The Great Quillow by James Thurber

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This contemporary fairy tale by one of America’s best-loved authors brings style and humor to the familiar folk theme of overcoming brute strength with intelligence and courage. “The artwork captures the bustle and the bickering of the story as well as the terror and the wonder. A fine choice to read aloud, even to children who could read it to themselves.”-Booklist

About James Thurber

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Born in Columbus, Ohio, Thurber was blinded in one eye in a childhood accident. He attended Ohio State University but left without earning a degree. In 1925 he moved to New York City, where he joined the staff of the New Yorker in 1927 at the urging of his friend E. B. White. For the rest of his lifetime, Thurber contributed to the magazine his highly individual pieces and those strange, wry, and disturbing pen-and-ink drawings of "huge, resigned dogs, the determined and sometimes frightening women, the globular men who try so hard to think so unsuccessfully." The period from 1925, when the New Yorker was founded, until the death of its creator-editor, Harold Ross, in 1951, was described by Thurber in delicious and absorbing detail in The Years with Ross (1959). Of his two great talents, Thurber preferred to think of himself primarily as a writer, illustrating his own books. He published "fables" in the style of Aesop (see Vol. 2) and La Fontaine (see Vol. 2)---usually with a "barbed tip of contemporary significance"---children's books, several plays (two Broadway hits, one successful musical revue), and endless satires and parodies in short stories or full-length works. "The Secret Life of Walter Mitty," included in My World---and Welcome to It (1942), is probably his best-known story and continues to be frequently anthologized. T. S. Eliot described Thurber's work as "a form of humor which is also a way of saying something serious. Stephen Kellogg was born in Norwalk, Connecticut on October 26, 1941. He attended the Rhode Island School of Design and majored in illustration. While in college, he won a fellowship to spend his senior year studying and working in Florence, Italy. Kellogg has illustrated over one hundred titles and written some of his own. Titles he has written include the Island of the Skog, which won the Michigan State Young Readers Award, and was included on Booklist's Books for Every Child and the CBC Books for Peace list, A Rose for Pinkerton!, Pinkerton, Behave!, and Tallyho, Pinkerton!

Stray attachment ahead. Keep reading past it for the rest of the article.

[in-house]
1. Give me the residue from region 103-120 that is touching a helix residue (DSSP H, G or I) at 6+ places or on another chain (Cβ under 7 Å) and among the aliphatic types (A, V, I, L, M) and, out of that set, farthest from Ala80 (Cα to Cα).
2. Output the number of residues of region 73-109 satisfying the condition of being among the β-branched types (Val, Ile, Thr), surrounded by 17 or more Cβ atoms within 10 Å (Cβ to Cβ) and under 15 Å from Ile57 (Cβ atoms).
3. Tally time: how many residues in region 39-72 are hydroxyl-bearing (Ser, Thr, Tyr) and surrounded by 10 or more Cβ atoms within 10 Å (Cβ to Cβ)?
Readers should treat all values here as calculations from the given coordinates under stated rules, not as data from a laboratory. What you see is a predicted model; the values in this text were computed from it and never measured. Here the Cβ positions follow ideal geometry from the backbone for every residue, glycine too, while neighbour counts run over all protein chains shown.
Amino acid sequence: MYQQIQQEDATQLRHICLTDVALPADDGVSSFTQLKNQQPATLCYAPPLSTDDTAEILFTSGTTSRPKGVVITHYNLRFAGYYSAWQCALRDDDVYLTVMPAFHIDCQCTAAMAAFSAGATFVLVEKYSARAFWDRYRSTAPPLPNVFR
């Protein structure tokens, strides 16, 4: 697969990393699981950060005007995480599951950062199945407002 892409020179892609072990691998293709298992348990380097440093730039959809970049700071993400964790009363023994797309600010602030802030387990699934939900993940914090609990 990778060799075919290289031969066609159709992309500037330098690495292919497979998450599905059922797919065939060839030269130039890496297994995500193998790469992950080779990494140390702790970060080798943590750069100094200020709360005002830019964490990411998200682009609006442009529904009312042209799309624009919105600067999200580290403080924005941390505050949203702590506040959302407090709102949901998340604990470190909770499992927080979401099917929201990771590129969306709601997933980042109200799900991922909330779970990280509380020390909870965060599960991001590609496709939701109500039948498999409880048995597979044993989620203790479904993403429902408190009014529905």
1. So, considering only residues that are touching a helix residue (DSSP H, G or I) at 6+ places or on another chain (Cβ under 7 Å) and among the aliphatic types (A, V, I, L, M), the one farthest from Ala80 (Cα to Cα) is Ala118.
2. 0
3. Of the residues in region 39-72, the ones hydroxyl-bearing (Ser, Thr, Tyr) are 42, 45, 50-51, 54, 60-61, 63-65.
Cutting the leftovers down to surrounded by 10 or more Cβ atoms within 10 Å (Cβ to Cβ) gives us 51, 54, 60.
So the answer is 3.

Published September 1, 1975 by Harcourt. 54 pages
Genres: Children's Books.

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Kirkus Reviews

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Story of a toymaker and a giant -- a heartwarming story with all the trapping a giant story should have, but with an original twist in the clever plot by which the toymaker tricked the giant to his death.

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Publishers Weekly

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As the rest of the town scurries to accommodate Hunder's daily requirement of ``three sheep, a pie made of a thousand apples, and a chocolate as high and as wide as a spinning wheel,'' the sly Quillow lulls the giant with stories, all the while plotting the ogre's downfall.

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